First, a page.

For those sequestered with family, precious family time awaits. With children at home, determine to make it a good experience. Use the mealtimes to ask probing questions which will lead to revealing conversations: What is your first memory? Acquaint the children to crafts that may carry over into adulthood. When my girls were 5 and 7, I introduced them to embroidery on a cross-country flight, before seat screens were common. I had traced a large rose from a coloring book onto batiste material and taught them the chain stitch. Yes, it was frustrating, but they continued that hobby. I have beautiful samples around my house of later endeavors.

Teach the children some of those old card games, War and Old Maid. Give them a topic to journal. Read “The Lion, the Witch, and the Wardrobe” to children below that reading level but old enough to enjoy the story. Have a cooking lesson. Even making instant pudding is cooking to a 5-year-old. Teach them the proper way to set a table. Plan a talent show where everyone has to participate.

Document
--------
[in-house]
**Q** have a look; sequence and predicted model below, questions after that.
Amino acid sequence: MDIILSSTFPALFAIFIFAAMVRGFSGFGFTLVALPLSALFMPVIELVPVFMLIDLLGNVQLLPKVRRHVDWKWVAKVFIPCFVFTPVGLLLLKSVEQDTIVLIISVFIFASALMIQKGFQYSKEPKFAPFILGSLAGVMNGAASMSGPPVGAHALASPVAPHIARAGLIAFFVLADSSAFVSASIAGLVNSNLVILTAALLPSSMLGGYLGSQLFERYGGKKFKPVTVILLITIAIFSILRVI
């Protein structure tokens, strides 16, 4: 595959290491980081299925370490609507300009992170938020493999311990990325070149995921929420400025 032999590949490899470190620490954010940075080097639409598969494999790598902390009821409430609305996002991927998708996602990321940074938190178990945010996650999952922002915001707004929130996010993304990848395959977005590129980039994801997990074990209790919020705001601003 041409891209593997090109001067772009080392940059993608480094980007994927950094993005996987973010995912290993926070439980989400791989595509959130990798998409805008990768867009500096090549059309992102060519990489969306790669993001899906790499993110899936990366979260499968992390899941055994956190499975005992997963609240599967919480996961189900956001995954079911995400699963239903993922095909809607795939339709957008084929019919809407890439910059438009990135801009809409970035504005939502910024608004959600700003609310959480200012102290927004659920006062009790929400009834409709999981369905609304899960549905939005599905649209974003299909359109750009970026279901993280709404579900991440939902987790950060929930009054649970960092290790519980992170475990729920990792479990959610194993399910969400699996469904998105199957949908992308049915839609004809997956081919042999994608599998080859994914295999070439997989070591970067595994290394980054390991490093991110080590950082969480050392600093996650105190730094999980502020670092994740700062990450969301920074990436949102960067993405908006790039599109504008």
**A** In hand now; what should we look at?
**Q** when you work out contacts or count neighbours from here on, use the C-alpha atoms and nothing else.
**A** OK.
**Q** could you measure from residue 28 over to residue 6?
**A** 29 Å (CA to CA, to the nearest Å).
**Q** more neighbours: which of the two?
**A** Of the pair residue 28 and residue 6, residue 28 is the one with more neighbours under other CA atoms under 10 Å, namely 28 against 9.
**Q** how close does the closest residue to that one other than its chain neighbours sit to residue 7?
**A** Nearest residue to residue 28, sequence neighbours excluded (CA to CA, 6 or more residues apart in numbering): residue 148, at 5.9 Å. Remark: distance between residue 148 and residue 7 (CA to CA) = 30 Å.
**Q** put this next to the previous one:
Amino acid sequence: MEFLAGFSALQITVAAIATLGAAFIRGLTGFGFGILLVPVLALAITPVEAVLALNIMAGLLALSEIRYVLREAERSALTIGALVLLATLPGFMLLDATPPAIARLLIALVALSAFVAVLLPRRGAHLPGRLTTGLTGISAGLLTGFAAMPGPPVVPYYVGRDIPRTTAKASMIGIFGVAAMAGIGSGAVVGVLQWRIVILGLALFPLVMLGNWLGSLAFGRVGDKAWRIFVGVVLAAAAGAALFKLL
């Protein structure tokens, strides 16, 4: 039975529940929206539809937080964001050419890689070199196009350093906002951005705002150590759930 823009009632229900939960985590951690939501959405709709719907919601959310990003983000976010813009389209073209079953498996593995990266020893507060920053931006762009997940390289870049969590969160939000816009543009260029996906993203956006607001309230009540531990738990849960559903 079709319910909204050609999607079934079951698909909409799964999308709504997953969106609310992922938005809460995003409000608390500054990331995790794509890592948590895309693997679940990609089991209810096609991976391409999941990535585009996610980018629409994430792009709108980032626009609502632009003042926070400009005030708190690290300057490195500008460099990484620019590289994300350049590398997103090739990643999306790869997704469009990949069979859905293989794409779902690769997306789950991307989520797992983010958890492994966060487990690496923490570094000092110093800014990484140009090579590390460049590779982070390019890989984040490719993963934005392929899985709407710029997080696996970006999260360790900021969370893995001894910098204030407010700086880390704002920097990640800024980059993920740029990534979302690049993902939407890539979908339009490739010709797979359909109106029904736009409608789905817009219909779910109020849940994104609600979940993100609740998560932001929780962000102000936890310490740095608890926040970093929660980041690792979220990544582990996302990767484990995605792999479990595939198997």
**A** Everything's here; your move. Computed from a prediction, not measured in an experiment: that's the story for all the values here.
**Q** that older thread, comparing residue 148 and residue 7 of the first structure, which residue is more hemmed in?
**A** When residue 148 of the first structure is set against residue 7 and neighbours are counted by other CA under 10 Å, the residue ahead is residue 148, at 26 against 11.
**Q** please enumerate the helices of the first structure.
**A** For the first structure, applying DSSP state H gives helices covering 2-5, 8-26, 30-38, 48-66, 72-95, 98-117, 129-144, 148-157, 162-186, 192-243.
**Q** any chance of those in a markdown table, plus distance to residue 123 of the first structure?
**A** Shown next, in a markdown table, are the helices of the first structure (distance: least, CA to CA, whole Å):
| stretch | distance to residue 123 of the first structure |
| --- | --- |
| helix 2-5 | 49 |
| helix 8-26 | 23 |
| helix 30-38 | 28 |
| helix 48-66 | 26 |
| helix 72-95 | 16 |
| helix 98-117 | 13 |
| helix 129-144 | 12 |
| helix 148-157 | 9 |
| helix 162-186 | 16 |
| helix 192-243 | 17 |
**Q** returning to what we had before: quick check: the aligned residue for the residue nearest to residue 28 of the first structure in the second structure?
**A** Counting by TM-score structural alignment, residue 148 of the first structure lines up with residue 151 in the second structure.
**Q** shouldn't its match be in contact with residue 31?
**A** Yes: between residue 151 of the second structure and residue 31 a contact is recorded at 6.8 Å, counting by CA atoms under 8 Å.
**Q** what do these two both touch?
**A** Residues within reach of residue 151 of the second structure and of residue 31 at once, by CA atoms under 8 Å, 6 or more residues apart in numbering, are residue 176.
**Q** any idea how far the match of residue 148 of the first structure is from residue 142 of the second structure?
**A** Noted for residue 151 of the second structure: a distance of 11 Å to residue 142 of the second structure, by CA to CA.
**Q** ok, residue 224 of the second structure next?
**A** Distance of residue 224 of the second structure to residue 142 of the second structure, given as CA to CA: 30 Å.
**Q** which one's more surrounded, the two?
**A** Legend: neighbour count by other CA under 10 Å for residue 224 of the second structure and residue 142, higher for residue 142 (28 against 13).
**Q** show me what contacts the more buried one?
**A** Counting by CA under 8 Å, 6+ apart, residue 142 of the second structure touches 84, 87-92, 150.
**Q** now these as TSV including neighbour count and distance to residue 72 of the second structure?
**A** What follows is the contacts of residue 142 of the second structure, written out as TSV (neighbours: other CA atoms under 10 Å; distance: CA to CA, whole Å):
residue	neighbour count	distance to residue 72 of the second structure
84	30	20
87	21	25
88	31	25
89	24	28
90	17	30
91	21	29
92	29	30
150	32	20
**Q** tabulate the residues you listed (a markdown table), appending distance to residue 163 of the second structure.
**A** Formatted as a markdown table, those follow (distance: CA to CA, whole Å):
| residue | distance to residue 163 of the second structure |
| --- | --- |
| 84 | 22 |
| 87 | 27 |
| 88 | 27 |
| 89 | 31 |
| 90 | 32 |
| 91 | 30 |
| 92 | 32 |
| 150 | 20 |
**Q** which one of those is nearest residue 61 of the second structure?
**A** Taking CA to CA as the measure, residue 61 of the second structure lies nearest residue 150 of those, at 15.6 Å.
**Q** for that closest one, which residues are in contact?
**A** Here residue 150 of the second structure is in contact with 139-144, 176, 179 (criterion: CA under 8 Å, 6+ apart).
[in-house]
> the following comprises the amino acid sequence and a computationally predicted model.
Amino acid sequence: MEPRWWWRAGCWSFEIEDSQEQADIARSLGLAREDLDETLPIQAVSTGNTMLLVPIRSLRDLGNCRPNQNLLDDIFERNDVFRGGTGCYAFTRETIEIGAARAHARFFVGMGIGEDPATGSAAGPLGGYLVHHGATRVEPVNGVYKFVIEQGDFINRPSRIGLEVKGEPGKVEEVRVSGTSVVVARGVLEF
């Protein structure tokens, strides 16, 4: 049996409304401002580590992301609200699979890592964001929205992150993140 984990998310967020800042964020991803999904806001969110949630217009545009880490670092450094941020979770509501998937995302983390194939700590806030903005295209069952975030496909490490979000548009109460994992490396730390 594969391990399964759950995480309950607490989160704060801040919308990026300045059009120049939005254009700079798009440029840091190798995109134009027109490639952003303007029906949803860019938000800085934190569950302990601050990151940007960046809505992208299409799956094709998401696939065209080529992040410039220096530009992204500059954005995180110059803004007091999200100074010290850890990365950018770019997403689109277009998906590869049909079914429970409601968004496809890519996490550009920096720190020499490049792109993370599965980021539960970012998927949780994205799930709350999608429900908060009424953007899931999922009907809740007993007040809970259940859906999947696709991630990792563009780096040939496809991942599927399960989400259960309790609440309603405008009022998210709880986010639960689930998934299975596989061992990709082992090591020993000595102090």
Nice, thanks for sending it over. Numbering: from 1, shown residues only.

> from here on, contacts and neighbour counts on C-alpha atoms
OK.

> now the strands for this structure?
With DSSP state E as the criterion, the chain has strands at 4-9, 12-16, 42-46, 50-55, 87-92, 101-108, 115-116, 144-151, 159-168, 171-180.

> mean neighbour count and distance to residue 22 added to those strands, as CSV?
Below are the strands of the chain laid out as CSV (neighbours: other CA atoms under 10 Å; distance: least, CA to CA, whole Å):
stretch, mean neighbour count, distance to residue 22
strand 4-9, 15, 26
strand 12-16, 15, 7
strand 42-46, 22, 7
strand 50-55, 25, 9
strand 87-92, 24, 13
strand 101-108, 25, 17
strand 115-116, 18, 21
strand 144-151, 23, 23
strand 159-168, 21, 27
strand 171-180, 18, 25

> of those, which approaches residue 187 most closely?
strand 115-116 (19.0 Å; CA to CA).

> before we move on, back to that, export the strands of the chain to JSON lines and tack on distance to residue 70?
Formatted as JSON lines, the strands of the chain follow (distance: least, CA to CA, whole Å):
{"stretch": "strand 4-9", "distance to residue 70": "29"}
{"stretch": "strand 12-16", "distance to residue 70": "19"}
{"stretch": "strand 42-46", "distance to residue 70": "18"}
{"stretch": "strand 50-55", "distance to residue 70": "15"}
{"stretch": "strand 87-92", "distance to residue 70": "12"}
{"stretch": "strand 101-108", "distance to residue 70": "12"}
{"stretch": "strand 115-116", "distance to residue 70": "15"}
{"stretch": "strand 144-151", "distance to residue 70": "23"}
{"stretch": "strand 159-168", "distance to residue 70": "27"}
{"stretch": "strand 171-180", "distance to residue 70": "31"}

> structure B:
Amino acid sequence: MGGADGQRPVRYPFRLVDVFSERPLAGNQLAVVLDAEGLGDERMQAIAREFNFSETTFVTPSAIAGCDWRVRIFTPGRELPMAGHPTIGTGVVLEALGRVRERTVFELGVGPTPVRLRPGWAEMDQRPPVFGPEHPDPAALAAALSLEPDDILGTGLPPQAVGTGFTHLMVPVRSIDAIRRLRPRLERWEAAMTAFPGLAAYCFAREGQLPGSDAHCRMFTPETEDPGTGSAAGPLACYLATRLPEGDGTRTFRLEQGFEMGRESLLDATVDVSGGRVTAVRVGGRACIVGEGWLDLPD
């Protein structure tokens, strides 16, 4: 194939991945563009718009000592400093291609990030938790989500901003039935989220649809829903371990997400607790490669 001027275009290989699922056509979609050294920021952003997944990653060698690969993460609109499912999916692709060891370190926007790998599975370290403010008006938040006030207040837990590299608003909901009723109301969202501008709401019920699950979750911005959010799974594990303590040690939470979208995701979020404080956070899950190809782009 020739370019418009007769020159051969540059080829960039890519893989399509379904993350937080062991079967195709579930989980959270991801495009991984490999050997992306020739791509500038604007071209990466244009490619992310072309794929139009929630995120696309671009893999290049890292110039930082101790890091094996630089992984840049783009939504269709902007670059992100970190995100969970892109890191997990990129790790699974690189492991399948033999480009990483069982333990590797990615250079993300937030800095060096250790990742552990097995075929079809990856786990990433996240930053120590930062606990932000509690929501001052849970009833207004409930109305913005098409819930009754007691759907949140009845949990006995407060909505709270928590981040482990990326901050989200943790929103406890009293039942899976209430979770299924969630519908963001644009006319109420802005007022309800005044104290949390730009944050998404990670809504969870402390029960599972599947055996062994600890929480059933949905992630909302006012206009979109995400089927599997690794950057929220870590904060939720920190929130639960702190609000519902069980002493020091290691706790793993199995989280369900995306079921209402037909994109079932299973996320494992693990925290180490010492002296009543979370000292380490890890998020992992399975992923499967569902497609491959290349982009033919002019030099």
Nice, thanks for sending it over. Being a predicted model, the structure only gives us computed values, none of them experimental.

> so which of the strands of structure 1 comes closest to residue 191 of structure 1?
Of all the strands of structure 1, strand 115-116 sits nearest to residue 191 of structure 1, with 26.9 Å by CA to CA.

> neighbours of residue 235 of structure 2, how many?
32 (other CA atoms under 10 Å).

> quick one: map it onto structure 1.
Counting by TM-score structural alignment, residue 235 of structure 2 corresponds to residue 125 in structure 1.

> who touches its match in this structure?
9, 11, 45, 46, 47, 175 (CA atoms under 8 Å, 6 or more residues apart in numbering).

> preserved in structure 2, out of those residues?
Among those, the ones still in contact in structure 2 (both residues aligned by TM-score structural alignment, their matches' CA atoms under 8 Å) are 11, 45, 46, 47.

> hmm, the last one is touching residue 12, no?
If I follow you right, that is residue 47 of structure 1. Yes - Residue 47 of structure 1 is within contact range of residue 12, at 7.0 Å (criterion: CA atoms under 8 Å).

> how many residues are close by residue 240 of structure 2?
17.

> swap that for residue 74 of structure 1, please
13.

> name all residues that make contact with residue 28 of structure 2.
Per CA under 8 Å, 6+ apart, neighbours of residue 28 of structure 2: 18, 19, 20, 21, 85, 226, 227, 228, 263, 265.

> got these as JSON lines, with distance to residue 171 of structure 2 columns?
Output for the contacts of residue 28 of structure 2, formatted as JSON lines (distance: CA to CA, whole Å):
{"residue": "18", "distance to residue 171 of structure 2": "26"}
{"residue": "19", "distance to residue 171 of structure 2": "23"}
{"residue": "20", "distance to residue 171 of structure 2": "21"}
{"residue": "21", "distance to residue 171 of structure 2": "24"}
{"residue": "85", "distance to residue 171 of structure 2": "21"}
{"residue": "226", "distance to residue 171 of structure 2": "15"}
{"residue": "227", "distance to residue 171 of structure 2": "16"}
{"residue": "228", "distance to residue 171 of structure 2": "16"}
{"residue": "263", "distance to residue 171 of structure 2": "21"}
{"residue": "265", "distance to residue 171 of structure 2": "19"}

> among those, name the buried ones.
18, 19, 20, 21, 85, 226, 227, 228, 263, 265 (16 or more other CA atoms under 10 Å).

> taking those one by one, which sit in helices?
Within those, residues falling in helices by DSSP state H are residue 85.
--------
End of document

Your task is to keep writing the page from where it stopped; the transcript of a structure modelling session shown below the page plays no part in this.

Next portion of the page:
For us seniors with no small children at home and with the leisure to plan our own time but who routinely complain of not enough time to paint, read, meditate, pray, clean out closets, etc., we have no excuse for the next few weeks. We have the time. My intention is to do those things now, or never complain again about lack of time. One flower bed is half weeded, and I am well into a new book. My husband has been reviewing the method to cane chair seats and is ready to tackle two chairs again after a respite of forty years.

My friend Priscilla is knitting blankets for charity and has a new knitting project in the works: Twiddlemuffs (thanks to the British for that one!) for Alzheimer’s patients. Dawn is creating trivets from wine corks for their church bazaar.